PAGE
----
The main advantage of such plants is a zero-emission of harmful substances into the atmosphere, and provision of the local population with drinkable water. Moreover, the designers of such plants state that the usage of solar power will meaningfully reduce the cost of freshwater production. To meet both the qualitative and quantitative requirements for drinking water standards, domestic water supplies rely mainly on desalinated water (around 99%), which is used either directly or blended with groundwater.

After Saudi Arabia, the UAE has the highest desalination capacity globally. Most of the desalination plants use co-generation Multi-Stage Flash (MSF) technology or Multiple-Effect Distillation (MED), whereas only a few plants use Reverse Osmosis (RO) technology. The availability of desalinated water at relatively low costs may also be an attractive means of meeting industrial water demand since industries have been willing to pay for water at rates higher than domestic and agricultural rates.

Renewable energy can play a key role in lowering the cost of desalinated water. In fact, the UAE is very progressive when it comes to developments and innovations in green technology. Food and water security are important issues for the country, which already imports more than 90% of its food. Furthermore, the UAE aims to increase its total renewable energy by 24% by 2021. The water demand is expected to grow by about 30% by 2030, and seawater desalination requires ten times more energy than surface water production.

Treated wastewater

Treated wastewater represents one of the most important alternatives to meet some of the present water requirements and lessen the long-term supply-demand imbalance. Thanks to the completion of wastewater treatment facilities and the expansion of urban sewage networks in the country, large volumes of treated wastewater have become available. Due to environmental considerations, wastewater is treated completely or partially, based on its intended use.

Presently, the UAE operates modern treatment facilities with tertiary and advanced treatment capabilities. Treated water is used mainly for urban purposes, such as irrigating gardens and highway landscaping. Municipalities are responsible for building and managing sewage systems, creating networks for stormwater collection, and reusing treated wastewater. However, half of the treated effluents are discharged into the Arabian Gulf.

The main reasons for this are:

  • Lack of transmission and distribution networks to supply end-users (which are mainly forests and private companies such as golf resorts);
  • Lower demand due to the financial downturn from 2008-2014;
  • Cultural obstacles, such as convincing farmers to use recycled water.

Cloud seeding

The UAE is one of the countries pioneering cloud seeding and artificial rainmaking in the MENA region. It spent 2 million dirhams (around $550,000) on cloud seeding operations in 2015. 

Cloud seeding usually takes place over the eastern mountain ranges on the border with Oman and aims to raise levels in aquifers and reservoirs in the area. However, some cloud seeding over the cities has also been carried out. Although this technique has proved its success in increasing the amount of precipitation, a detailed cost-benefit analysis needs to be carried out to ensure that it is a viable water source compared to other methods such as desalination or even water conservation campaigns.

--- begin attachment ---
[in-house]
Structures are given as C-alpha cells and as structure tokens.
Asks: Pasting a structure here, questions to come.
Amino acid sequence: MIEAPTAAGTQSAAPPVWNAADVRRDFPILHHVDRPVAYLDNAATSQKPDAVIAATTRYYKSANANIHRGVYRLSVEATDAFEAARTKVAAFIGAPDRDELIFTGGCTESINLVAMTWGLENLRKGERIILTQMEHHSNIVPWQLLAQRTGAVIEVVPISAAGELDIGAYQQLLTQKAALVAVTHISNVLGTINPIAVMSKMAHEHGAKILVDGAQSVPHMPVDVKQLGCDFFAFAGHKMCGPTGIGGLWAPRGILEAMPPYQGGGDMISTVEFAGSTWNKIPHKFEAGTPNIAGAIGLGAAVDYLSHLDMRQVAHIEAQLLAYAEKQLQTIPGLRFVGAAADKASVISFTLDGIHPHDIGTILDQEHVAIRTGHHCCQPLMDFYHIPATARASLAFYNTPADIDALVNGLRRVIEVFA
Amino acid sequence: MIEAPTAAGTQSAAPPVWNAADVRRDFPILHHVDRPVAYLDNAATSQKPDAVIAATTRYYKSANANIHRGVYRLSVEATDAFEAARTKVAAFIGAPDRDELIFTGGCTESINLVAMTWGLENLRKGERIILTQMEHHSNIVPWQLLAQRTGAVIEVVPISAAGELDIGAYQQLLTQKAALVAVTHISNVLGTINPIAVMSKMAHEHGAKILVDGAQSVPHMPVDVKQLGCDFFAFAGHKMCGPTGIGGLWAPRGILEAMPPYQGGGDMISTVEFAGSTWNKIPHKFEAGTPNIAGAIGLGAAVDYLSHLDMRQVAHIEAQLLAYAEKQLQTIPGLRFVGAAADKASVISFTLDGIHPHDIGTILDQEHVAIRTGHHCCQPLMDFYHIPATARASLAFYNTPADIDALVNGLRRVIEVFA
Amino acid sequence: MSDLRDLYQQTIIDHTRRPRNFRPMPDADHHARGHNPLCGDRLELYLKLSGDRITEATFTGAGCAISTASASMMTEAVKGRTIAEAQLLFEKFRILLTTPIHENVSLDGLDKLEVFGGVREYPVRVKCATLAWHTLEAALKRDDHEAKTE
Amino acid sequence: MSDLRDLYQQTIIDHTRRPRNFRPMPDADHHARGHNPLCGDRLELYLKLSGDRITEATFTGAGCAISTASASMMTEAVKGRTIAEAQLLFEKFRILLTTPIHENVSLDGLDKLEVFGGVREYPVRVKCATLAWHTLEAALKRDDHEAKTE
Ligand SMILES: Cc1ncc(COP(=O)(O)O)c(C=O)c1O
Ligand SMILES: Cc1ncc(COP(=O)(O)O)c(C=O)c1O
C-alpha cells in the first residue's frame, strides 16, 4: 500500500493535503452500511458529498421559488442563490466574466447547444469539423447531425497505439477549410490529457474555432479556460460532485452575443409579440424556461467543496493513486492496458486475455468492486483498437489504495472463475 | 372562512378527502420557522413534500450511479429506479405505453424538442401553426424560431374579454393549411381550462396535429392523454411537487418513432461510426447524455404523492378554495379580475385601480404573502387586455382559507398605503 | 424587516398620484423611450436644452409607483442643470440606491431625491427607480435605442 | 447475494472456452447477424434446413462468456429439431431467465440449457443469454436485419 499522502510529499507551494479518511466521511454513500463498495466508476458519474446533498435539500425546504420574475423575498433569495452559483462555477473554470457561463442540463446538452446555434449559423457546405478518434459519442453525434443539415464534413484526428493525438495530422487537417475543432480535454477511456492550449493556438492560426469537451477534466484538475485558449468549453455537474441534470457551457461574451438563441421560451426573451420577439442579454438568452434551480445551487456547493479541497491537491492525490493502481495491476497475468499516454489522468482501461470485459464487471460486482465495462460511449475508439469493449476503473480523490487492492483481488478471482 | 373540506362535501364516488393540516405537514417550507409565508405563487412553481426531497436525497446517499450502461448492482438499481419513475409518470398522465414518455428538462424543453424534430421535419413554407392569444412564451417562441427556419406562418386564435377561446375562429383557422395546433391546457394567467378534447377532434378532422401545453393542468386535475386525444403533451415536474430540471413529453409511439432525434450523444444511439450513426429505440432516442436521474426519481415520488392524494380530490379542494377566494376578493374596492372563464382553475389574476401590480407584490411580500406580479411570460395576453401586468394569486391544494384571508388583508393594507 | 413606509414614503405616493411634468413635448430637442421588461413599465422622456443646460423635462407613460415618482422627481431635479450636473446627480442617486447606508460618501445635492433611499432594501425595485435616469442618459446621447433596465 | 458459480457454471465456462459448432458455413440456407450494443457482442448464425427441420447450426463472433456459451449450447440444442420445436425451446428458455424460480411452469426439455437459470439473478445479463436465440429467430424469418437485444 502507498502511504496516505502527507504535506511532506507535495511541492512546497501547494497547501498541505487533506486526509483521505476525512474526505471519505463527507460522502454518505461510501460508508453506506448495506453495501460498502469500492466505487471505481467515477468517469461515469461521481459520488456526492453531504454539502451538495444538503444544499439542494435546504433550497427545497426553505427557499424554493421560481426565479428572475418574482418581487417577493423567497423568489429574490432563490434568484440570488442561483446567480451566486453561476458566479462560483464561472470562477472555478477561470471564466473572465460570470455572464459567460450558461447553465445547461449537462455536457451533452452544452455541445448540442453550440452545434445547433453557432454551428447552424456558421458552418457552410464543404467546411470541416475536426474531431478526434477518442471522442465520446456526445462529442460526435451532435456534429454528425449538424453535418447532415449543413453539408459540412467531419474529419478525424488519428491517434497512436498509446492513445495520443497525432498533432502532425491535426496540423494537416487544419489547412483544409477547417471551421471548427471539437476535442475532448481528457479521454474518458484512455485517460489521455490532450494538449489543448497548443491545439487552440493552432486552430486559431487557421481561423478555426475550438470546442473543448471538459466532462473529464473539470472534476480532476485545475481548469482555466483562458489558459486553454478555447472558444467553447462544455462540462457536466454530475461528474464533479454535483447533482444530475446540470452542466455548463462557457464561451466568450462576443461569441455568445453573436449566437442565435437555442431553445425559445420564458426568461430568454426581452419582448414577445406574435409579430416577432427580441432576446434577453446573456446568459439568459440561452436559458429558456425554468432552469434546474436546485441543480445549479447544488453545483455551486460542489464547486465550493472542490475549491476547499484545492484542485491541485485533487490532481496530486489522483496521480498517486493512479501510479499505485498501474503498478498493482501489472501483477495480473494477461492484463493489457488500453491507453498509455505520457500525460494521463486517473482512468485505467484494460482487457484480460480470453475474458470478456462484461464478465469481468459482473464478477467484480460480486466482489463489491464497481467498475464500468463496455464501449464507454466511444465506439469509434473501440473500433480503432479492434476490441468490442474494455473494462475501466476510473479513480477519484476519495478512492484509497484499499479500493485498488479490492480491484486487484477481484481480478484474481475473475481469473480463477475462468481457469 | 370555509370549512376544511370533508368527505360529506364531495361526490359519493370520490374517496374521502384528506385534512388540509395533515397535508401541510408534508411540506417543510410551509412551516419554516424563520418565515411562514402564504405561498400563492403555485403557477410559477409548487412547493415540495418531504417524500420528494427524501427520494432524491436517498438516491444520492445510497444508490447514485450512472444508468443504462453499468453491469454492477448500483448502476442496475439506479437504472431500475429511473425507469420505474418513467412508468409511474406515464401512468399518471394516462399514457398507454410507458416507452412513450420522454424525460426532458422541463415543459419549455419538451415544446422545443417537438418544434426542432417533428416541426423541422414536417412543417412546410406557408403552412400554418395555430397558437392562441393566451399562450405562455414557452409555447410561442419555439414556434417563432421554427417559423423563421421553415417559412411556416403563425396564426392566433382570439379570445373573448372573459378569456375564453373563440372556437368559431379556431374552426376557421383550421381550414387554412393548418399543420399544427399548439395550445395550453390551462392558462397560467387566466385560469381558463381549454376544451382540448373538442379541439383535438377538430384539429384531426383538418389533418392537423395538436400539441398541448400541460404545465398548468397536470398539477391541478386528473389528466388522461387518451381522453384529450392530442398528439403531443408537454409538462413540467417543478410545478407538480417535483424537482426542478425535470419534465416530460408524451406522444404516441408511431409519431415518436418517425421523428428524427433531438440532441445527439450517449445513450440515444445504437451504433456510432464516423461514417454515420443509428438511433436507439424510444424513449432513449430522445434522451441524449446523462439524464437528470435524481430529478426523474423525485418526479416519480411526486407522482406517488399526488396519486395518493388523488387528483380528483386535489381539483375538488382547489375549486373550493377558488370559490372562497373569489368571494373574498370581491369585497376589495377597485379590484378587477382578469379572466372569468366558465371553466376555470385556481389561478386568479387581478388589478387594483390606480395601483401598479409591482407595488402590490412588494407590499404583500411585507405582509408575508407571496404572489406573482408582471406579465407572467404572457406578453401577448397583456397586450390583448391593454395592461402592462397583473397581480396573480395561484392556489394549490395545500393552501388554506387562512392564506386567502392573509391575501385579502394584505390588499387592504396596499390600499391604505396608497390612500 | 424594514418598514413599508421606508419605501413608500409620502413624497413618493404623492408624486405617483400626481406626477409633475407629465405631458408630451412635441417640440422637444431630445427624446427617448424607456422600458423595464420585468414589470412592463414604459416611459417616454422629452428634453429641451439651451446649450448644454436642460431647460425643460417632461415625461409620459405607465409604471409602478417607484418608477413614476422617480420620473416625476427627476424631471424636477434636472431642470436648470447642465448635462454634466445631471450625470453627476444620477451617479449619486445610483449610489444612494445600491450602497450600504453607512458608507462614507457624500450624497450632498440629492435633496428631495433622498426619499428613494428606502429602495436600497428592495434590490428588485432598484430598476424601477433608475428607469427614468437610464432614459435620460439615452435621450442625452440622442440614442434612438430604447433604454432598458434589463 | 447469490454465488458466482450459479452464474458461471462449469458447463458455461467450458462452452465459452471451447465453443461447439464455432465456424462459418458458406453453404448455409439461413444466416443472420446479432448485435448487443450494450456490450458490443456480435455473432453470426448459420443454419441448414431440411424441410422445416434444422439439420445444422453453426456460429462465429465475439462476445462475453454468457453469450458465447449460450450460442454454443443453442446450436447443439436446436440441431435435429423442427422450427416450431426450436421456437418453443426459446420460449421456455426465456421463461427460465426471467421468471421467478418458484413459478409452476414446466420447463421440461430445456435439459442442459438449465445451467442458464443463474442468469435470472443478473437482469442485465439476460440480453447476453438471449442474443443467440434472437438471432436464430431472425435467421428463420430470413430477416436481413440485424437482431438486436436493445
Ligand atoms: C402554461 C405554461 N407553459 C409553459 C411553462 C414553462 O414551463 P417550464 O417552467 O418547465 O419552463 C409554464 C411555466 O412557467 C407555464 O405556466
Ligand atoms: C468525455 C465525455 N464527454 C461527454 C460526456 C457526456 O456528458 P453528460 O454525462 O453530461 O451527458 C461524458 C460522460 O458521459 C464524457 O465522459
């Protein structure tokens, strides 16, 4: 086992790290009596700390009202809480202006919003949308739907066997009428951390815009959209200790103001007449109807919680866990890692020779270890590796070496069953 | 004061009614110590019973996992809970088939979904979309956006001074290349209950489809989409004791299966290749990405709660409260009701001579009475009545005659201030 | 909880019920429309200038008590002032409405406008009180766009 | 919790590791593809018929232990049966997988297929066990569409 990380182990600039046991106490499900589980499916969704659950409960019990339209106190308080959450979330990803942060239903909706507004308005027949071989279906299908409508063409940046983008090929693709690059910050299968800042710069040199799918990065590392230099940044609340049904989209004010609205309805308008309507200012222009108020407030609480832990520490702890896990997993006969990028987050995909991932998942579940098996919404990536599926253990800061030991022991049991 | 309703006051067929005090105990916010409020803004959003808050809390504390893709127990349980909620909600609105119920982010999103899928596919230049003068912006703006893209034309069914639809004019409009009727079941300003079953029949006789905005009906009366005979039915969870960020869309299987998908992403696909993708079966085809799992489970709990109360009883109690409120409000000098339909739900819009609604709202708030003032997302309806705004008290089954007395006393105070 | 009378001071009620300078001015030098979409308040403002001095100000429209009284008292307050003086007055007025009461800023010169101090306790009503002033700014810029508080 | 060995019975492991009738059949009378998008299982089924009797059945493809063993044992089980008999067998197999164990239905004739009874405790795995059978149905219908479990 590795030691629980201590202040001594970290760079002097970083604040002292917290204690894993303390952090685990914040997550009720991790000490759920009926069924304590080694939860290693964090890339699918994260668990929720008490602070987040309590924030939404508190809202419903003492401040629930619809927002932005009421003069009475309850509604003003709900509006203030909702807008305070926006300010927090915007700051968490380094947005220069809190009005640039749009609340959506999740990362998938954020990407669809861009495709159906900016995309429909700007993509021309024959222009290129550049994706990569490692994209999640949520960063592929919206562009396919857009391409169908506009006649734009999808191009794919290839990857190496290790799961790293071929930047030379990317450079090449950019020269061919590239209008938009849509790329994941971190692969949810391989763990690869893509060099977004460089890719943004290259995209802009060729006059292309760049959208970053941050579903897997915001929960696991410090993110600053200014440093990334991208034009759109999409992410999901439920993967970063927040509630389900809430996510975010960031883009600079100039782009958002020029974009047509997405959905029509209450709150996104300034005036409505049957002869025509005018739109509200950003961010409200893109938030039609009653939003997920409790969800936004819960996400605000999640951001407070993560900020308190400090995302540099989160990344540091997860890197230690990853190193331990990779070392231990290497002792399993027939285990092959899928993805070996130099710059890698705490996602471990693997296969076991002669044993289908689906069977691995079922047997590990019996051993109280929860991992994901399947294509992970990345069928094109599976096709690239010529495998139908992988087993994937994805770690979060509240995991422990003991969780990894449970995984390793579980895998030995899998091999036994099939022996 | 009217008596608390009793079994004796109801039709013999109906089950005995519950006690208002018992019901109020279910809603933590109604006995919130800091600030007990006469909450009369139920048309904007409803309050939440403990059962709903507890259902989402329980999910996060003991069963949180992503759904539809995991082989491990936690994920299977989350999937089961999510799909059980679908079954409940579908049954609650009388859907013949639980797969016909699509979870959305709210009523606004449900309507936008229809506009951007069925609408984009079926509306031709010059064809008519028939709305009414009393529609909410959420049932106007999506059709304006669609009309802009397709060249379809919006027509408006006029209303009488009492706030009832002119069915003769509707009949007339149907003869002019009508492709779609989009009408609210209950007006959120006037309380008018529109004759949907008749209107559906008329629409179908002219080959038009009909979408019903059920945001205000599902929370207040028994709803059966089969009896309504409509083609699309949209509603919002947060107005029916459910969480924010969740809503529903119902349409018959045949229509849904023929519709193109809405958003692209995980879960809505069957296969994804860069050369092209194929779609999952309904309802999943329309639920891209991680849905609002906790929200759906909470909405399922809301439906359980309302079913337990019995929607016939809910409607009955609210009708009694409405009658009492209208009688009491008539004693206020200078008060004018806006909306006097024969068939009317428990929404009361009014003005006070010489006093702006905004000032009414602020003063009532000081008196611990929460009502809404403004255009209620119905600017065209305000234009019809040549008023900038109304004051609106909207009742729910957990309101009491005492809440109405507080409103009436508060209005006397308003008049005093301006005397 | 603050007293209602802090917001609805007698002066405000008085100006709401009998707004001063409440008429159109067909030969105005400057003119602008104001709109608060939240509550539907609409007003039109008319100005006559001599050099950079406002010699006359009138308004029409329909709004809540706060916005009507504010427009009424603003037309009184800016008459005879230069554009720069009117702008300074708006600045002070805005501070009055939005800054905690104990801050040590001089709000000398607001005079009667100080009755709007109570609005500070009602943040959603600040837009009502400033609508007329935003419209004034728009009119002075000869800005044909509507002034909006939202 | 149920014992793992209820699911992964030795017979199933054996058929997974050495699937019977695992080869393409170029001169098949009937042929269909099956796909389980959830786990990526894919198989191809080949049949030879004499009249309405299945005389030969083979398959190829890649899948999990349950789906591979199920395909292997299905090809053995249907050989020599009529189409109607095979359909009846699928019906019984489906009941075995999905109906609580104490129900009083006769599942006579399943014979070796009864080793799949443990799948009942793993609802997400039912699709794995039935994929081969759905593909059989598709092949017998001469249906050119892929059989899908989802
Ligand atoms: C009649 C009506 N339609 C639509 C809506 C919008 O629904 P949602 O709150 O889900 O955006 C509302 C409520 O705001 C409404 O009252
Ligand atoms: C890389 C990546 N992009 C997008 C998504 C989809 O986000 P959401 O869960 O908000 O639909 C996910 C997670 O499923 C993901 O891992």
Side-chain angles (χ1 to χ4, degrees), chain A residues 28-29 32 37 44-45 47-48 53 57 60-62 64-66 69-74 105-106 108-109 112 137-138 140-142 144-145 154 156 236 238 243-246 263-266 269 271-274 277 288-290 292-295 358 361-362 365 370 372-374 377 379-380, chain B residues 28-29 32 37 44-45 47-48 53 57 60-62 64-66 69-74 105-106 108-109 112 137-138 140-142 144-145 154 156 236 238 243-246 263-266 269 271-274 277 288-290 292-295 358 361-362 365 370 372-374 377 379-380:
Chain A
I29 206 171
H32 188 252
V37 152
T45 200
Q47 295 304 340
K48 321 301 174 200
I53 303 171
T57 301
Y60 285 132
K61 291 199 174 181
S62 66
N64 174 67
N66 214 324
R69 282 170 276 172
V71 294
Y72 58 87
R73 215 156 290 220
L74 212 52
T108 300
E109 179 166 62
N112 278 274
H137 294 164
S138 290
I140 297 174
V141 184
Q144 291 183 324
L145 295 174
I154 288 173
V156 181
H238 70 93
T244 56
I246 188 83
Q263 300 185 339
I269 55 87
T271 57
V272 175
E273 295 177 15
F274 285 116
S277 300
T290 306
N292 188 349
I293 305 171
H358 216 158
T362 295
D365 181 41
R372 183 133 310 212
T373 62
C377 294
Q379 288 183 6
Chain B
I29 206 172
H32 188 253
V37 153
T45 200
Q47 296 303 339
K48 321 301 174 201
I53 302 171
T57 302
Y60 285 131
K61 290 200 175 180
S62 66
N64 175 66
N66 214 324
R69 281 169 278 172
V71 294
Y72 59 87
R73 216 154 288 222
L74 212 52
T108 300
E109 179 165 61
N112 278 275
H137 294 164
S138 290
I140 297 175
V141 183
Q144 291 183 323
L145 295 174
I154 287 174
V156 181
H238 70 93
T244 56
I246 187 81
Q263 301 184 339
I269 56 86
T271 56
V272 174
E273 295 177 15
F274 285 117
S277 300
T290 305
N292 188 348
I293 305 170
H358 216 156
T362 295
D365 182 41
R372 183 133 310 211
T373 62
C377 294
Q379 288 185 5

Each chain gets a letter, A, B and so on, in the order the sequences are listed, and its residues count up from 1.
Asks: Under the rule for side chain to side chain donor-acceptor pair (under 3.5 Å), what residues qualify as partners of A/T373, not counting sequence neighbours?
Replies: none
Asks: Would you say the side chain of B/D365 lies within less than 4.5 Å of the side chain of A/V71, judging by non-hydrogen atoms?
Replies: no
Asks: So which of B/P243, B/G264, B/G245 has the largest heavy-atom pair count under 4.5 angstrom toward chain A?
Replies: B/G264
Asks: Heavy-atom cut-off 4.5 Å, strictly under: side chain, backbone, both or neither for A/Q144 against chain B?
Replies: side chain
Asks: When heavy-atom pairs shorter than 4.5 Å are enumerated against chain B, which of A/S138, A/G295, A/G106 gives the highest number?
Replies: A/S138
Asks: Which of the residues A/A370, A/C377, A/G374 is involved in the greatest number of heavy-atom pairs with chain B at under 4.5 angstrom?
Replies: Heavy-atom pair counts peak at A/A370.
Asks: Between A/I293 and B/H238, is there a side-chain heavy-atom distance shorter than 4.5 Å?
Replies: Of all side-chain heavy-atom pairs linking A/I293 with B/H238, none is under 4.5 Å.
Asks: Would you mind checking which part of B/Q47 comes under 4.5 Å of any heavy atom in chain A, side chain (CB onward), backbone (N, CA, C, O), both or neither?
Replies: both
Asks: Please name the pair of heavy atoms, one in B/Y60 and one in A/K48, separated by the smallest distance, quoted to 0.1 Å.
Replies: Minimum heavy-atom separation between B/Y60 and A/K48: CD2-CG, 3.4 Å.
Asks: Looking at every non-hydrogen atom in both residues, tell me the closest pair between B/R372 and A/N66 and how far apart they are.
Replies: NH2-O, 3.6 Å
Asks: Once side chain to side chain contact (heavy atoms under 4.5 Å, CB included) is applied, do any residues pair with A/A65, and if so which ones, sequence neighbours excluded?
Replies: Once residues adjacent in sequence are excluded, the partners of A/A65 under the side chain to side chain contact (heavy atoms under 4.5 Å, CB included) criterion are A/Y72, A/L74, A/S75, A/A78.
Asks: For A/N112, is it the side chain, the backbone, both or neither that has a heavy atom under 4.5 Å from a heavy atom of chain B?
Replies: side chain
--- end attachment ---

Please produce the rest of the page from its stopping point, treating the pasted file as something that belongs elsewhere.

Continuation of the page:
Desalination plants in the UAE

Due to a lack of freshwater sources, the UAE needs to identify a sustainable desalination solution to meet long-term water needs. Connecting desalination technologies to renewable energy is one great solution.

The water consumed in the UAE is mainly desalinated, dependent on electricity in case of reverse osmosis, or a by-product of electricity generation through multiple-effect distillation (MED) and multiple-stage flash distillation (MSF).

Some of the desalination plants in the UAE include:

  • Shuweihat S2 power and water plant (in Abu Dhabi):  

This has a production capacity of 1510 Mega Watt (MW) of electricity and 100 Million Imperial Gallons (MIGD) of water per day

  • Jebel Ali power station (in Dubai):

This is the largest power and desalination plant in the UAE, with six gas turbines capable of producing 2060 MW and 140 MIGD of water.

  • F2 Plant in Fujairah:

It is a greenfield power generation and seawater desalination plant with 2850 MW of power capacity and 230 MIGD of water.

A few other desalination plants on the UAE are; 

  • Al Bainounah Power Company in Abu Dhabi
  • Umm Al-Nar Power Company in Abu Dhabi
  • Abu Mussa in Sharjah
  • Al Humriyah in Sharjah
  • Al Mirfa Power Company in Abu Dhabi. Etc.

Dams in the UAE

The UAE has taken a keen interest in dams and rainwater harvesting projects. Dams contribute to protection from floods and flow risks and improve the quality and quantity of the water situation in the aquifer by increasing the feeding rates of groundwater.

In 2013, the number of dams and levees amounted to 130, with a total storage capacity of about 120 million cubic meters of water.

From 1982 until December 2013, the water captured in dams reached around 600 million cubic meters, which improved aquifers and agriculture.

Dams in the UAE include:

  • Wadi Al Beeh dam (Length: 575m, height: 18m)
    • Location: Al Beeh Wadi in northern Ras Al Khaima(RAK)
    • Purpose: Feed the underground water.
    • It feeds water to Al Burairat and Al Hamraniya in RAK.